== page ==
German railfans exploring the world of rail

For many railfans their interest in railways ends at the border of their own country, with little interest in the trains found elsewhere in the world. But it seems that German railfans are an exception to this, being happy to follow trains wherever they run.

Trains everywhere!

I first noticed this when I was looking up the Richards Bay Coal Line in South Africa, and the only Wikipedia page on the subject was in German – nothing in English, and nothing in Afrikaans.

Photo by Pechristener, via Wikimedia Commons

A history of the tramways in Yangon, the largest city in Myanmar – the German language page is three times as long as the English one.

Unknown photographer, via Wikimedia Commons

A track plan for the MTR Light Rail system in Hong Kong – drawn by a German.

MTR Phase I LRV 1029 on route 615 in Yuen Long

As was the track plan for the Hongkong Tramway system.

Hong Kong tram #46 in Wan Chai

But why? Science and technology form a large part of German culture, which presumably combined with a open worldview means a German railfan is more likely to take an interest in the railways elsewhere in the world.


There is a German company called Tanago that runs guided railway photography tours to offbeat locations all over the world.

Liked it? Take a second to support Marcus Wong on Patreon!
Become a patron at Patreon!
This entry was posted in Trains, Trams and tagged , , , , . Bookmark the permalink.

4 Responses to German railfans exploring the world of rail

  1. Hubert Strasser says:

    Absolutely correct. Would not know the reason why but German rail freaks are pretty active internationally, more active maybe than other nationalities. This is not to praise the “Germans” as such but maybe just their temper to discover new things.

    I for my part, as a German, used to ride on rails world-wide (all modes) for half a century, whereever I dropped into for a lay-over as a (now retired) active aircrew. While the other folks were attempting their luck on the “cultural” side, or simply tried to fix an appontment with a member of the other sex for the next stop-over, I always was quite busy discovering rails. More often than not very much to the laughter of my fellow crew members.

    As an addict, I would even call myself a railway historian, and especially old, disused tracks, maybe half buried under sand or gravel, drive me crazy to discover, and I have succeeded in most cases, albeit maybe sometimes only after month-long reseach attempts.

    Referring to organized guided rail tours by one of the numerous German operators, I never was too happy to join them, as firstly there were (and are) pretty expensive, compared to regular rail fares, and secondly, they most of the time would have kept my bound within the group, while on individual research – even maybe for the price of missing out on something – left me independant.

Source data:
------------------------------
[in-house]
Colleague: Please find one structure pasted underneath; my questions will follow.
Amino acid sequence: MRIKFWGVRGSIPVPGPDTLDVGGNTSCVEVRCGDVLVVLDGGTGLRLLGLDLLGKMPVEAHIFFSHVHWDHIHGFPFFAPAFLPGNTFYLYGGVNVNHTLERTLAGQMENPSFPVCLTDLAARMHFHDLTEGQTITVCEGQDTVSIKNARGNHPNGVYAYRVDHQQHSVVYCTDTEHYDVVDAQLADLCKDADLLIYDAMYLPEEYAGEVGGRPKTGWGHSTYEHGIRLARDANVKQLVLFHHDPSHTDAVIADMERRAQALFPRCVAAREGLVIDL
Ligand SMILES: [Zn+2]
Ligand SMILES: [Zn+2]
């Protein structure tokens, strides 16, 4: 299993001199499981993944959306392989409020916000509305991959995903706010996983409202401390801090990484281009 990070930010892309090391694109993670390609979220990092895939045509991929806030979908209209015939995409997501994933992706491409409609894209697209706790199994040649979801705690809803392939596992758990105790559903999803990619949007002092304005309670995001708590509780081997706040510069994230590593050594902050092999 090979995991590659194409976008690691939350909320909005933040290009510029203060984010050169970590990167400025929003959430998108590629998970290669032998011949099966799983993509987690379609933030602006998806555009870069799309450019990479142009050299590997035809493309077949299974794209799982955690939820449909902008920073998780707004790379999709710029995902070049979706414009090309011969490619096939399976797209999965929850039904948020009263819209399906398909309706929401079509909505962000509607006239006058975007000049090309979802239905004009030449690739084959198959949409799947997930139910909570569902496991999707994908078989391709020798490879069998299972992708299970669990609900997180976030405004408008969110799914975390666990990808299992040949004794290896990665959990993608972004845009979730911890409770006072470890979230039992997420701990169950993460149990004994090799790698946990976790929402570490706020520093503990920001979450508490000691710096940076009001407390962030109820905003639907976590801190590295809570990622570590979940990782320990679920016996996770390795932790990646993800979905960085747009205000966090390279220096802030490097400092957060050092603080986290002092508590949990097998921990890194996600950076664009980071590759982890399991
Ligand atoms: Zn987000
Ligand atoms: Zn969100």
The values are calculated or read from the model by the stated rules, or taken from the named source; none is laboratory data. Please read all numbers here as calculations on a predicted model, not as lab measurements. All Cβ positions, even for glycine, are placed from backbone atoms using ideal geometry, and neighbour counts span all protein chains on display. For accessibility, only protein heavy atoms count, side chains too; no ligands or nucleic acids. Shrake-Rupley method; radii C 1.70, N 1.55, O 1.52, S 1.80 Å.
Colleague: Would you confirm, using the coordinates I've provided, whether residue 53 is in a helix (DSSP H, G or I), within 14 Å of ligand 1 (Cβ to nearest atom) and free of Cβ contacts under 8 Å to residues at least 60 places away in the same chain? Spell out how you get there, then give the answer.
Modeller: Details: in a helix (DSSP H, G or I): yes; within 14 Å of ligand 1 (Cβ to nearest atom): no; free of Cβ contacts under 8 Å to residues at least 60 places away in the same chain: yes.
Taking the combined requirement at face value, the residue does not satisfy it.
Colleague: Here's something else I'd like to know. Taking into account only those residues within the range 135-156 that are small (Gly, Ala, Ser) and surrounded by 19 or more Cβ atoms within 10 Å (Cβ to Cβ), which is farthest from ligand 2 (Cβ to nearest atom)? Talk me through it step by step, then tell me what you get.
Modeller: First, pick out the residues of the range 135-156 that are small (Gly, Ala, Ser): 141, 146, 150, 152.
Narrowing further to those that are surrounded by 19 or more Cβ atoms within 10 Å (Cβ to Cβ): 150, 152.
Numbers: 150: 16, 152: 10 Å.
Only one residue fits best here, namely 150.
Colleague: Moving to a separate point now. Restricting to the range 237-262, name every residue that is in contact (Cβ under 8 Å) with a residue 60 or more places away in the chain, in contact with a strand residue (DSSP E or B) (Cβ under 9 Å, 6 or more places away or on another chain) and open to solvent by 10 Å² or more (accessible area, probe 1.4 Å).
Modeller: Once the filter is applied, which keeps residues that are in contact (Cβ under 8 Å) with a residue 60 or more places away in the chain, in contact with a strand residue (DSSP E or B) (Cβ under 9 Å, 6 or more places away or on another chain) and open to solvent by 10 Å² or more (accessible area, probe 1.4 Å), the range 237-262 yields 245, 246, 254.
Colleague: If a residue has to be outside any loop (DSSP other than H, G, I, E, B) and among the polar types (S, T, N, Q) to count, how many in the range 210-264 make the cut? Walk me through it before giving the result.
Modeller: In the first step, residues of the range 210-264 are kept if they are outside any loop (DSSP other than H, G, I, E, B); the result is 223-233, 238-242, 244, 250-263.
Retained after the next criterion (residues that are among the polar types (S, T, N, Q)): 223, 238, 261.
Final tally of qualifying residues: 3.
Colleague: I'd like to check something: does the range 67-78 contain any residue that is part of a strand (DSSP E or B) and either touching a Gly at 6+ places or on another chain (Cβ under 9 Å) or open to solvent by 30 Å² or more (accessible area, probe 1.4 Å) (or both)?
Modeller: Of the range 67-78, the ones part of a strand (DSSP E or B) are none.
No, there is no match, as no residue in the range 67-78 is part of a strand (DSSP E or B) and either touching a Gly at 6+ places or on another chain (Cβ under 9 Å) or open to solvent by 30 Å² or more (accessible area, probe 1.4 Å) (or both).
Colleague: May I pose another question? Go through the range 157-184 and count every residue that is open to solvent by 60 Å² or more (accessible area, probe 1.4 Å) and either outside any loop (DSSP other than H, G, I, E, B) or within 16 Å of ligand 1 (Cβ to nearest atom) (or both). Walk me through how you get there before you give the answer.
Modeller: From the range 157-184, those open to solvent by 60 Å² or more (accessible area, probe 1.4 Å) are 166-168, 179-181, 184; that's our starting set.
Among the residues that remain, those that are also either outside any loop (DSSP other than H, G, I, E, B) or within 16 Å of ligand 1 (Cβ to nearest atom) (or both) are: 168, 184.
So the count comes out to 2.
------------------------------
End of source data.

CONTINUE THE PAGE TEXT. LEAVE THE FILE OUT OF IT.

What I can really recommend for individual travel is

    being an outstanding tool for planning, even on the budget side.

    By the way, a totally different subject.

    You have probably heard of the “Hunters of the Sunken Engine”…
    180 years ago, a small steam engine was shipped on a sailing ship down the river Rhine from the manufacturers plant to the operators shed, a distance of some 150 kilometres within todays Germany. Then there came a big storm, off the planks fell the poor engine, and gone she was!

    For 25 years (!) a group of specialists from the genre (some of them I happen to know personally) did scientifically supported research to find her again, all backed by universities, geologists etc. until some five years ago (!) when they discovered someting exactly on the spot of the accident that must have been her….. They even published a book on the subject. Size, contours, materials, all pointed to the very engine, buried in deep mud six meters under the surface of the river Rhine. A very big, a really very hugh, action followed, and about a million Euros were raised for the recovery undertaking, in addition to much of industrial support. The river Rhine was closed for the extensive commercial shiping traffic while the diggers digged, a real “state action” indeed, TV stations all over the world (!) reported, the New York Times as well as the London Times had extensive coverage, about ten thousand viewers had booked for good money to watch the recovery from ashore on 21 October last, the big day came, and they found…..

    – nothing –

    Noone has an explanation for this failure, with all those scientific confirmations before, and the organizers, headed by the wonderful Darmstadt railway museum, have now given up (so far, that is). They said they first have to gulp this tremendous disappointment before considering eventual future actions.

    Happy New Year!

    • +1 for how useful the website is – I used it when I travelled across Europe, and it seems like they have every passenger rail corridor in the world covered!

    • An interesting comparison for railfan interests is Australia.

      Until a few decades ago each Australian state had a government run railway operator, and railfans often limited their interest to just their “home” railway – sometimes even ignoring private lines and narrow gauge systems close to home.

      It doesn’t help that Australians are pretty parochial, identifying with our home state rather than ‘Australia’ as a whole.

    • While over in American, they had so many different railroads that just going beyond your “favourite road” gave railfans a massive variety to look at.

Leave a Reply

Your email address will not be published. Required fields are marked *